‘The social media outrage brigade’.
It’s so easy to downplay the power of social media activism by pretending that people on social media aren’t really people (and consumers, voters and influencers in our communities). And that somehow our reactions on social media aren’t human reactions. The more the likes of Hildebrand maintain this ridiculous attitude, the further behind they are going to fall in this new age. There is absolutely no doubt that the campaign against Alan Jones has dented his credibility. There is no doubt that his advertisers won’t be forgetting this.
It’s important to remember that our levels of outrage at certain events hasn’t changed. I would have been just as outraged as I was about Jones’s comments 15 years ago as I am today. The only difference is, today I can share my outrage and take part in a campaign to do something about it. This outcome is much more potent than a letter to the editor, an angry email to 2GB or a rant to friends about how infuriated I am.
I like to think about other times in our recent history where social media might have made a difference to the outcome of events that affected all of us. For instance, how would George W. Bush’s election victory scandal
in 2000 have been affected by social media? Call me an optimist, but I think the Bush camp would have had major trouble pulling a swifty like they did, if there were literally millions of people with their fingers on a ‘share’ button during the crucial vote-counting hours. Bush’s cousin, John Ellis, was in position of incredible power when he decided to call the election result on Fox News before counting in Florida was finished. Had this influence been watered down by the voices of American voters on social media, would Al Gore have capitulated so quickly?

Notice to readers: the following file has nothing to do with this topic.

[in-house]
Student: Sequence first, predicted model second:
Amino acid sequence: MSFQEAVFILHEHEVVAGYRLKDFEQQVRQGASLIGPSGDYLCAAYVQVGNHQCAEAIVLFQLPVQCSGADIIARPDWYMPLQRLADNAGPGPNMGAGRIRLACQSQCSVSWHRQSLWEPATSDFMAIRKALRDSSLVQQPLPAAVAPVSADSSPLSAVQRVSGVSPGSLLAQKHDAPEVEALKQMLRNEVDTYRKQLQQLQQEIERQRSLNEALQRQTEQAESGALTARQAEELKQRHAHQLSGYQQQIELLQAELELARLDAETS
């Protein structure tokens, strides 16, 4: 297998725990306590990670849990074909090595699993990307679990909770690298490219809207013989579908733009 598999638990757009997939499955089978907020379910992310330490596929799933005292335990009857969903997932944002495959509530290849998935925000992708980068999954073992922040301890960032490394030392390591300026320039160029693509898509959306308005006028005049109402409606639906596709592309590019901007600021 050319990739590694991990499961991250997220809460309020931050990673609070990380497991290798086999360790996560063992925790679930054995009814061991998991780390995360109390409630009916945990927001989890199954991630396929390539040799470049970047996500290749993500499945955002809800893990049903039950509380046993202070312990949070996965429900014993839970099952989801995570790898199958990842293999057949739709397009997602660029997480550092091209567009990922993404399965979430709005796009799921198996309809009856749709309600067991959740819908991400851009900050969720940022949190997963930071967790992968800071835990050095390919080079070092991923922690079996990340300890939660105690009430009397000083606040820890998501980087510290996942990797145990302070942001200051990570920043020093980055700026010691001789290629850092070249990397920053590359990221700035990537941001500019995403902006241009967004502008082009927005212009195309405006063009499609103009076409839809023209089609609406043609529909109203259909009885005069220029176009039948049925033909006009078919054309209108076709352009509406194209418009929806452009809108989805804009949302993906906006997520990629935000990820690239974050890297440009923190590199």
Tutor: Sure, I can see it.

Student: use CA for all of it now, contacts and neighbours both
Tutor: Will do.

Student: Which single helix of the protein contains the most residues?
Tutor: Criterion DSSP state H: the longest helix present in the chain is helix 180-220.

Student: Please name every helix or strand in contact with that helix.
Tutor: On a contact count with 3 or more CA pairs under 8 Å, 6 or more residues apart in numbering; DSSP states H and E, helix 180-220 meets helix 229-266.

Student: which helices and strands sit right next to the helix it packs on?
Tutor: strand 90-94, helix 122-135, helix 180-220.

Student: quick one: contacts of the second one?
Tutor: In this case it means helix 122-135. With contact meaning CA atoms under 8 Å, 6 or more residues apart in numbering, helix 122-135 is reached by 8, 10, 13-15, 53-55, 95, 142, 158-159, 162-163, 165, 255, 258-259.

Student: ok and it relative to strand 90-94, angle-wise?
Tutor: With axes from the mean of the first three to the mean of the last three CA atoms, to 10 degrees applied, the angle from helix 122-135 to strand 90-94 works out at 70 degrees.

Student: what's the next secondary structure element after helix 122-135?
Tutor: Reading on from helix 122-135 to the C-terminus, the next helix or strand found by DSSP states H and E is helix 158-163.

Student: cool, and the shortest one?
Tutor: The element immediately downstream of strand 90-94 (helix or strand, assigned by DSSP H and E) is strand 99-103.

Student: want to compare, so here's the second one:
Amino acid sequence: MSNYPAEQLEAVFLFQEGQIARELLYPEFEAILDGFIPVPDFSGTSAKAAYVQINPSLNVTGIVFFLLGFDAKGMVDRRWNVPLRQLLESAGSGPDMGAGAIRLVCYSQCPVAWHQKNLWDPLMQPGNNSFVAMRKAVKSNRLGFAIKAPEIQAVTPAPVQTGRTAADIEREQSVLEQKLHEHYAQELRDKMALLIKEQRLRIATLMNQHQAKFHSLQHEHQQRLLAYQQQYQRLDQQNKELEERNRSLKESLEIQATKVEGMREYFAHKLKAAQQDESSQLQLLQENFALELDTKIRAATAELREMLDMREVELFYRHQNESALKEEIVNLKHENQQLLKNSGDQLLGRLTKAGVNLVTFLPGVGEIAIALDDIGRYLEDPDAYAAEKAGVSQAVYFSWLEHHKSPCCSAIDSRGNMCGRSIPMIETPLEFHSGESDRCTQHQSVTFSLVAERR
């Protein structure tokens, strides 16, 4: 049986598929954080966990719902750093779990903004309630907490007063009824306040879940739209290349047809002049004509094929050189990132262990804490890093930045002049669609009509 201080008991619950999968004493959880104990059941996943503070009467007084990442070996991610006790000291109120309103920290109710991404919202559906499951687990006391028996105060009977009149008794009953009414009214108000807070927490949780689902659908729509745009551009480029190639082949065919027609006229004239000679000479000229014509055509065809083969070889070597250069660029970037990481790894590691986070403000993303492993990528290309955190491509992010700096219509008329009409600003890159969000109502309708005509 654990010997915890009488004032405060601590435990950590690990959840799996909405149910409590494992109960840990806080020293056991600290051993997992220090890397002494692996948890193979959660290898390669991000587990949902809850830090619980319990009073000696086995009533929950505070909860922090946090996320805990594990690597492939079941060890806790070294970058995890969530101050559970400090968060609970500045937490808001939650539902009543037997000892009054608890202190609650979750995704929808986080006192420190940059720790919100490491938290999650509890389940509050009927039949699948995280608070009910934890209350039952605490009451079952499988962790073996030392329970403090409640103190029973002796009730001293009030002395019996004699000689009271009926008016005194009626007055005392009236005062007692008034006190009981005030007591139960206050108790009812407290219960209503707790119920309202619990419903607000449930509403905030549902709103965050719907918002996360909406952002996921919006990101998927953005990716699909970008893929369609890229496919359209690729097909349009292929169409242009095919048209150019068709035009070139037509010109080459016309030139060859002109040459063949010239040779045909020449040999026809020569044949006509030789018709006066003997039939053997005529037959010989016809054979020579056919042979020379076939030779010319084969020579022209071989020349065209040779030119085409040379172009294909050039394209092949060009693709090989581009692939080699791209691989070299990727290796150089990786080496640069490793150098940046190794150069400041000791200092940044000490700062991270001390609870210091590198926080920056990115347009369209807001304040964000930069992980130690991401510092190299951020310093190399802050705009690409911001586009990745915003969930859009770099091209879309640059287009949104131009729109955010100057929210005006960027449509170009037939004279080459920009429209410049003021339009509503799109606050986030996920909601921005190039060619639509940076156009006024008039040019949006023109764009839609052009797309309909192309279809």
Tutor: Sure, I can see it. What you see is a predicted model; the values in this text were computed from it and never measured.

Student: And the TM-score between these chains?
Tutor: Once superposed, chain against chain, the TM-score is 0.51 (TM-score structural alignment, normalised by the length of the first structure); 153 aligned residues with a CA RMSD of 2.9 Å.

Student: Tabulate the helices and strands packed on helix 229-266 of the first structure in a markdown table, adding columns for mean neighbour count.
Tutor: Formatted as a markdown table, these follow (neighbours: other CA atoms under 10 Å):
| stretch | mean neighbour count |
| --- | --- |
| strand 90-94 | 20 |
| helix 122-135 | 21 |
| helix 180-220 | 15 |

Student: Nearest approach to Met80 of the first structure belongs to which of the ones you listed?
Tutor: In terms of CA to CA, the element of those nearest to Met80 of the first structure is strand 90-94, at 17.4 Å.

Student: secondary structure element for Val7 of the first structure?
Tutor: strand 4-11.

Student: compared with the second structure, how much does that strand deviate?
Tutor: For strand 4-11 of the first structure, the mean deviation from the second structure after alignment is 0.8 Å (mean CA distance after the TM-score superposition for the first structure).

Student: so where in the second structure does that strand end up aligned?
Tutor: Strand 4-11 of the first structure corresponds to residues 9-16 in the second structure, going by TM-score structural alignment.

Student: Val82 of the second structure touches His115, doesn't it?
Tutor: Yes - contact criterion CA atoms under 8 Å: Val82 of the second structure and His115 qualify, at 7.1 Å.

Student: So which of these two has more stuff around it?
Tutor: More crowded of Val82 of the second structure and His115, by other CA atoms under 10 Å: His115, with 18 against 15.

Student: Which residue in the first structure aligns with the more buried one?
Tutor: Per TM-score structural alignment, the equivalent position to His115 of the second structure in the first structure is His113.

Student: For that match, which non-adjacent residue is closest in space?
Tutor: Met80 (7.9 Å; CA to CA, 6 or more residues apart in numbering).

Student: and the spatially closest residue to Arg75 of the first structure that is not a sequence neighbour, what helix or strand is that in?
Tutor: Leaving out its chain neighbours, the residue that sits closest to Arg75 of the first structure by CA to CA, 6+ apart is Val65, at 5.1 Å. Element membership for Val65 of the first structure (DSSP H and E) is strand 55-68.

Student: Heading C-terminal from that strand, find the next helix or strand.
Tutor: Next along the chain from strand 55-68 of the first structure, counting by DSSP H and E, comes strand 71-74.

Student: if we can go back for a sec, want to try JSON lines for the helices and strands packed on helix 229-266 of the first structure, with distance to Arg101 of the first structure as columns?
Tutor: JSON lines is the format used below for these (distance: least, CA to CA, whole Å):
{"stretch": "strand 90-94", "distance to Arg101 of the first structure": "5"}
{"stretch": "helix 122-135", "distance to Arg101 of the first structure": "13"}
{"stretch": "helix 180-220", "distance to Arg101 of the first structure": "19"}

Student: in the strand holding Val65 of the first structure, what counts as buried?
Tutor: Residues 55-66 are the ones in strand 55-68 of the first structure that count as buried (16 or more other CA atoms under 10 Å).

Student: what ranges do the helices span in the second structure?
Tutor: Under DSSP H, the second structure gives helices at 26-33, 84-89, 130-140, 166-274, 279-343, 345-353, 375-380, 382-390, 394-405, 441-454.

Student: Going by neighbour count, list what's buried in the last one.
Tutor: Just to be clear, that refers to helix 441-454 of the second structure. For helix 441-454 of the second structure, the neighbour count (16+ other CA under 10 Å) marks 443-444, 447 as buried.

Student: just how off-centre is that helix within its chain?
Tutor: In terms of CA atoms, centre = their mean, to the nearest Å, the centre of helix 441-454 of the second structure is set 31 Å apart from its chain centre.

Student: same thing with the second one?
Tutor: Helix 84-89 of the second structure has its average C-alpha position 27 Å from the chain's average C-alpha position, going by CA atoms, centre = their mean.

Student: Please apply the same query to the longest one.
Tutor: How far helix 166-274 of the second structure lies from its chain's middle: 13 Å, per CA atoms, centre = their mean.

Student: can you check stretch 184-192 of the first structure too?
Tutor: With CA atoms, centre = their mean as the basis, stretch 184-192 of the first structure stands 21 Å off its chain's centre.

Even more important than the reaction to the election being called for Bush would have been the availability of more facts during that evening. For instance, while the vote was still obviously too close to call, the five major US TV news networks – CBS, NBC, ABC, Fox and CNN – all incorrectly reported that the Florida polls closed at 7:00pm. They actually closed at 8:00pm. An estimated 15,000 people did not turn out to vote in the key state of Florida because they thought they’d missed their chance. Had social media been available, the voters wouldn’t have been relying on five TV stations. Could this mistake have such an influence in 2012?
We live in exciting times. We can now share facts, opinions and insights without the gatekeepers of mainstream media deciding for us what we are allowed to know. We can now share outrage and turn these shared reactions into change. This capacity is in its very early stages ― but look how it has developed in Australia in just the last two months. Imagine this time next year when we will be voting in a Federal election. How might our newfound realisation that mass media is irrelevant − and that social media activism really does work − affect the result? I can’t wait to see for myself.
This work is licensed under a Creative Commons Attribution-NonCommercial-NoDerivs 3.0 Australia License